You need human agency

February 3, 2015

A couple if inches of snow this morning and life became difficult.  The local authority have decided to rebuild the bridge which crosses the Kennet between our village the A4.  This means that you have to take one of two country lanes that will accommodate only one car at a time.  The obvious solution of a one way system has not occurred to the local authority.   In addition no one has changed the gritting schedule.  Said country lanes are left untreated as they do not take any volume of traffic.  Until that is the gritted road is closed.   Then in Marlborough to safe money they decided not to grit the normal left turn to Swindon which is up a steep hill and no one realises you wait at the bottom until the top is clear if a road is iced.

I could go on, but most people will have similar experiences.   One of the real issues here is the fact that all local services has been sub-contracted with complicated processes for variation and the like.   A few decades ago all the services would have been within the control of a limited number of humans who lived locally and knew what to do with a few phone calls.  the breaking up into defined tasks in effect works to the centre of normal distribution in terms of possible events and this fails when exceptions occur.  The lack of human agency, or more specifically human agency with experience means that the system looses adaptive capacity.  The focus on cost reduction and efficiency means that there is a loss of effectiveness and the indirect costs go up and exceed the original savings.  But of course that is another budget holder’s problem.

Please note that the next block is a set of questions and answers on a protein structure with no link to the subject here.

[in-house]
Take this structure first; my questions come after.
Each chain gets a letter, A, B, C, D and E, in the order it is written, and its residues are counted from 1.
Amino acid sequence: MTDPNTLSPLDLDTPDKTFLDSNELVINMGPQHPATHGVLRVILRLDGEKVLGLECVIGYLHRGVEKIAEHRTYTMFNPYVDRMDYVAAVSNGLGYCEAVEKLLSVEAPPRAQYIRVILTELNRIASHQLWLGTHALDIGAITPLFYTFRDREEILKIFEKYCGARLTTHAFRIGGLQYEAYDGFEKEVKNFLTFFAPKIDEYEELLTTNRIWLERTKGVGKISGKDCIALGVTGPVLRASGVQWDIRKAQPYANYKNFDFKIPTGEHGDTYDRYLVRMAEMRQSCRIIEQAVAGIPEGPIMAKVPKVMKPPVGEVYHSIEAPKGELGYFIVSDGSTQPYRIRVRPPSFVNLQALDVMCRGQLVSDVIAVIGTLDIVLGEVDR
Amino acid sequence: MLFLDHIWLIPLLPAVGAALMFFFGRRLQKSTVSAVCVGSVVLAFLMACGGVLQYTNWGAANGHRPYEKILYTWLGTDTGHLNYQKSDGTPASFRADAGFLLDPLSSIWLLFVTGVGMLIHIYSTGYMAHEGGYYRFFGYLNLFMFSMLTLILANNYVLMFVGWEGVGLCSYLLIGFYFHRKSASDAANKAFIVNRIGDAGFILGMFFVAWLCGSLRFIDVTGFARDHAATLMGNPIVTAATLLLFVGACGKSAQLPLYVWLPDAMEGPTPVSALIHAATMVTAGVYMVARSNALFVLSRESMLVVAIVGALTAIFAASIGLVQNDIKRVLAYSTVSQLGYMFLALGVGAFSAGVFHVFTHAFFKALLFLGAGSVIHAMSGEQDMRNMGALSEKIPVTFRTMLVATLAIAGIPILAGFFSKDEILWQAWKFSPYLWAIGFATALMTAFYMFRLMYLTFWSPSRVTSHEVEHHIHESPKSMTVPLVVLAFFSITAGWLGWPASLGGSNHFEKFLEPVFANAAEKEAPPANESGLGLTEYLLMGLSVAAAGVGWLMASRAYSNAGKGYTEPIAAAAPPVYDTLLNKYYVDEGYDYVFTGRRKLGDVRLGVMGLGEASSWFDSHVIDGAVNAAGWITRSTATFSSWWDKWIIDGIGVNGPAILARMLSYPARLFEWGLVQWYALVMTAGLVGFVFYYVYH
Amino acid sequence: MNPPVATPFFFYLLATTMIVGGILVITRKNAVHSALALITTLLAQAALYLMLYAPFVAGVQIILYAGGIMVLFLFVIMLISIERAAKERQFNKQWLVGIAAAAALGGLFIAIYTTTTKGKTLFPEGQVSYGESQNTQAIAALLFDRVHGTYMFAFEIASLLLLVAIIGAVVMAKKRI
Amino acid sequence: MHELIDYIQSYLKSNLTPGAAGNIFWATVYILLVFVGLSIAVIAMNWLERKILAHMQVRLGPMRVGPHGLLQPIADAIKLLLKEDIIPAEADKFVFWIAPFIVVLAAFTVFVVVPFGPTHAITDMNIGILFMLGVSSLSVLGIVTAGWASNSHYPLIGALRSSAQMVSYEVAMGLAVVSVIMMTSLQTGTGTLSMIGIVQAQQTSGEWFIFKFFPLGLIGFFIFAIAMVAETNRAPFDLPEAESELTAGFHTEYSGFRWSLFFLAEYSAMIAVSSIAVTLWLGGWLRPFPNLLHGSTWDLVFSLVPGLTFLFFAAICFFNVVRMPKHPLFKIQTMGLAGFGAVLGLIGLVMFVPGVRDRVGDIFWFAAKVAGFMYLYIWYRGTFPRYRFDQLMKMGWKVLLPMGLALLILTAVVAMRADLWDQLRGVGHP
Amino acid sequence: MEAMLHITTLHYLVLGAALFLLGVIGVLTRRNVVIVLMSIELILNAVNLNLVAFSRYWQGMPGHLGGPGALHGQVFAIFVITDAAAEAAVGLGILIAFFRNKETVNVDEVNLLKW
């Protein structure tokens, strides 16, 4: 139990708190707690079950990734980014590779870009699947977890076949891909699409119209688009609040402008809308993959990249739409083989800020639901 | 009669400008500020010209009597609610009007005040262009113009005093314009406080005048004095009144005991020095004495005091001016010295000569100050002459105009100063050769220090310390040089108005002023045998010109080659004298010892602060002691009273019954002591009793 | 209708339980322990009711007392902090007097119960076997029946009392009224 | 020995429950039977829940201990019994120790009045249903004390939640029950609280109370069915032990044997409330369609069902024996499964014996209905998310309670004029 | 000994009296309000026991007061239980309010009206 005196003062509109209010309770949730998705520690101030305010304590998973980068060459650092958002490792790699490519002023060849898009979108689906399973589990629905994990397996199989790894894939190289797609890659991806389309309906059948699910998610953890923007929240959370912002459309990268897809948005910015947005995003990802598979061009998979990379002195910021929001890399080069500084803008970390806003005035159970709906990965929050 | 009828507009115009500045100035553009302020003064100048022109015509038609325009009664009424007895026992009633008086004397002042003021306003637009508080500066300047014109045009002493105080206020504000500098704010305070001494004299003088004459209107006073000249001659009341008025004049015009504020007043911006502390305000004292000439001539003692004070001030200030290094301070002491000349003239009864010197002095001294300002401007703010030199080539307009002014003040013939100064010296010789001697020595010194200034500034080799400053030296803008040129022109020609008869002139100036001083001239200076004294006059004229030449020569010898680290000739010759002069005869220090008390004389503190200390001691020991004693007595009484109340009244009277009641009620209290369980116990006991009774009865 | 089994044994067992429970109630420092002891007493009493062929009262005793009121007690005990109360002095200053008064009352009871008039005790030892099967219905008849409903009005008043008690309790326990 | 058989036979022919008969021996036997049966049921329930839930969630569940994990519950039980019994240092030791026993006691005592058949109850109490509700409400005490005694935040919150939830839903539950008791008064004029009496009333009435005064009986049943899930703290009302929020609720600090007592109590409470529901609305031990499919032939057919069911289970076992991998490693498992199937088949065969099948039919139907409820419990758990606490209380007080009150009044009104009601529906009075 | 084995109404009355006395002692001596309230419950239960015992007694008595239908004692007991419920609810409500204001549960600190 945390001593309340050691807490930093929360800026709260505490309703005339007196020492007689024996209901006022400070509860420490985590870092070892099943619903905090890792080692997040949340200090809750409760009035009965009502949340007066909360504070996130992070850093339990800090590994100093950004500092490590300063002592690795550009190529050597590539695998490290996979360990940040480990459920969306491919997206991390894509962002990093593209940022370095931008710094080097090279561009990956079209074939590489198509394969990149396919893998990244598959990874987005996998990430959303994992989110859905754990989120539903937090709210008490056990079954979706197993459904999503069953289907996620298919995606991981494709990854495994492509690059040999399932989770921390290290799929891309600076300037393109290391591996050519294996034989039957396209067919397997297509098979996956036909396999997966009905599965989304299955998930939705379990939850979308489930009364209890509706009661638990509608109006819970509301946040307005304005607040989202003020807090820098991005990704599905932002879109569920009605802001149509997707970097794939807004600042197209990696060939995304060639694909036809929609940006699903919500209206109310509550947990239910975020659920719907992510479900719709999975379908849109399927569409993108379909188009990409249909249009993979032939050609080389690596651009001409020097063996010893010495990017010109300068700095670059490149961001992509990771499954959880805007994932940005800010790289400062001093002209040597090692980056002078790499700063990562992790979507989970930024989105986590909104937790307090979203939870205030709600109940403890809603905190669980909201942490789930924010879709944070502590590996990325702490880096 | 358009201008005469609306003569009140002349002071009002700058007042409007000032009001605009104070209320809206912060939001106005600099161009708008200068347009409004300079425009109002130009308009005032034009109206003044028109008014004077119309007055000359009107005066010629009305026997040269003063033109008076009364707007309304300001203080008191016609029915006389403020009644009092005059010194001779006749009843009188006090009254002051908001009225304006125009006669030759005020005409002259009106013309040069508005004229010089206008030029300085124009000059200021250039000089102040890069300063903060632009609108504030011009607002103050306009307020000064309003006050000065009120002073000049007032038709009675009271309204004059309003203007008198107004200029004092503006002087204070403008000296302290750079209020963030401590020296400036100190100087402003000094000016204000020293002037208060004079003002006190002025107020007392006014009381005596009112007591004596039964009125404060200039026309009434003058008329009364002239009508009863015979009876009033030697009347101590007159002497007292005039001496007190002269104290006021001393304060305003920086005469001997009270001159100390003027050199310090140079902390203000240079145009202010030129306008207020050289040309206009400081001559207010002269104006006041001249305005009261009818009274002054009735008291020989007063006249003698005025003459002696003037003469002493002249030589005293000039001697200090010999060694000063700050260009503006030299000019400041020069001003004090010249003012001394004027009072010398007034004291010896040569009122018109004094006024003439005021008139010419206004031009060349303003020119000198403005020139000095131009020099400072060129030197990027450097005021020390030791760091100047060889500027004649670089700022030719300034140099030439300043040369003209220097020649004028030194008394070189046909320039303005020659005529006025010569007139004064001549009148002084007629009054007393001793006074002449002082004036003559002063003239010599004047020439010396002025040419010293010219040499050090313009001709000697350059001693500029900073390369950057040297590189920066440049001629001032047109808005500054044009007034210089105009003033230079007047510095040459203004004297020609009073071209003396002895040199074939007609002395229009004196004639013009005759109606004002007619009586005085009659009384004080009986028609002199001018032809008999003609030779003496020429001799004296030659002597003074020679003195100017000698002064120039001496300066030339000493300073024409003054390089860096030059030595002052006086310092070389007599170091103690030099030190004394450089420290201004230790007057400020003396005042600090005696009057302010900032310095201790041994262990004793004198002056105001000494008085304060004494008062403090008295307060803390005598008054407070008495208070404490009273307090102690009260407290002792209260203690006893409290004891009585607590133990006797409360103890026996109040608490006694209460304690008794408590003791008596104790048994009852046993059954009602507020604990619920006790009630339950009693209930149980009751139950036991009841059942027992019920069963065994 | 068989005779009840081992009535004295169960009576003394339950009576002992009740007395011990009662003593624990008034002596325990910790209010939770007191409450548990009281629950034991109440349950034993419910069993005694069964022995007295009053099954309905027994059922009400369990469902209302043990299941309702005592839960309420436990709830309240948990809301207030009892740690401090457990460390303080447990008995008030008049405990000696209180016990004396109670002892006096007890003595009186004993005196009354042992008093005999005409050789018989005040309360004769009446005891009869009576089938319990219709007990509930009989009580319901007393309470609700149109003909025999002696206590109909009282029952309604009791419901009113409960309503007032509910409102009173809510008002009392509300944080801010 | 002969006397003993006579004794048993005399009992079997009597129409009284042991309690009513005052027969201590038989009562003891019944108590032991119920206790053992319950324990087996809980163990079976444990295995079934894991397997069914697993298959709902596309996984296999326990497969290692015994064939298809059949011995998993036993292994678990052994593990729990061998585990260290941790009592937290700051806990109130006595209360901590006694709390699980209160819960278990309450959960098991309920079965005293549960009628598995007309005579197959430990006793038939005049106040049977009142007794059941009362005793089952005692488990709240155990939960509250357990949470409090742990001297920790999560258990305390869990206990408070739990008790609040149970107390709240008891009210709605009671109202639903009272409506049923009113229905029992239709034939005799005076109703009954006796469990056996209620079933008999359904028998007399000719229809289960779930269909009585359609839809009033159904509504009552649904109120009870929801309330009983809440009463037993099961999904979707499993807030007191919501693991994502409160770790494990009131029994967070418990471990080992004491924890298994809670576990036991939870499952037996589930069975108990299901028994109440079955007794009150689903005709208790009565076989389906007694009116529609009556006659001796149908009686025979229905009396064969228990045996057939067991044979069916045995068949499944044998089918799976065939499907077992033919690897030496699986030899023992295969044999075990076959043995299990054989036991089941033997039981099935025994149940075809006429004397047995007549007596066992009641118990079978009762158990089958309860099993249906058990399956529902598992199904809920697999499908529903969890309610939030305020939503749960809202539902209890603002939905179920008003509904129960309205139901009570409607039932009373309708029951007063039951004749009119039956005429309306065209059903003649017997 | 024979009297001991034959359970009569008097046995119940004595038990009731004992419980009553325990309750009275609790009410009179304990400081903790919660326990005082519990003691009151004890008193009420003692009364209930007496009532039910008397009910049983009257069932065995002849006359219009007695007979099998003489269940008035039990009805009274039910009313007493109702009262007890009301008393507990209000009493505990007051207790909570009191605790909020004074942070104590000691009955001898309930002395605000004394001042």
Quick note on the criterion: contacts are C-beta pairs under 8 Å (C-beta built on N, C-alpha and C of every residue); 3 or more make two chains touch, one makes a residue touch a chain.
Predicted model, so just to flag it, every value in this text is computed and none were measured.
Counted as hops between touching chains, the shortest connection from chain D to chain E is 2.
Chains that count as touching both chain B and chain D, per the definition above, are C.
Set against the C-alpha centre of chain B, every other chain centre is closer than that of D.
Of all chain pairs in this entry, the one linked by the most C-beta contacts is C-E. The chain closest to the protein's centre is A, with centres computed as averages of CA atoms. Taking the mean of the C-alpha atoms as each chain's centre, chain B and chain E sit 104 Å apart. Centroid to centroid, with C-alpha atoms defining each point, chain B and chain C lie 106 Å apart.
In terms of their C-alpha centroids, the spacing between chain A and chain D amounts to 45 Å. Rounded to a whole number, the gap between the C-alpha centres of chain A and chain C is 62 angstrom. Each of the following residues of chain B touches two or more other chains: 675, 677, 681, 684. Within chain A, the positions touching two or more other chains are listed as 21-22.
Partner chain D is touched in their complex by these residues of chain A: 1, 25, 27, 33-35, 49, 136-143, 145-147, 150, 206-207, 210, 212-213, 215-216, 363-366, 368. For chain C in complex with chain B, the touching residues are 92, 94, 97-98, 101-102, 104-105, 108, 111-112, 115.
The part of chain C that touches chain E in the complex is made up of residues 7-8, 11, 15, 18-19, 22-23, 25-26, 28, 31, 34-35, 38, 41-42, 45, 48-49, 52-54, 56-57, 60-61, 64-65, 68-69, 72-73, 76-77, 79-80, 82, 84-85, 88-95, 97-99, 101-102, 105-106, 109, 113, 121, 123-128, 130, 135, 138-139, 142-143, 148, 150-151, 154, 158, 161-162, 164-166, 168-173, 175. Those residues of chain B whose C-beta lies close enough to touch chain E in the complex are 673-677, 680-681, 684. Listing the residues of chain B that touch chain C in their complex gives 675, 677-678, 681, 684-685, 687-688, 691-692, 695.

I remember that happening in IBM.  A systems programmer was refused permission to go on a course for new operating system upgrade.  They were told to handle it from the manual.  As a result the next outrage took half an hour to resolve instead of a few minutes and a significant penalty charge on the contract resulted.  I was indirectly involved and asked the guy who refused the training how he felt and his response was simple.  He had to save money on his budget and he had done that.  The loss was someone else’s problems.

Reductionism, process, specific measurements all prevent joined up thinking.

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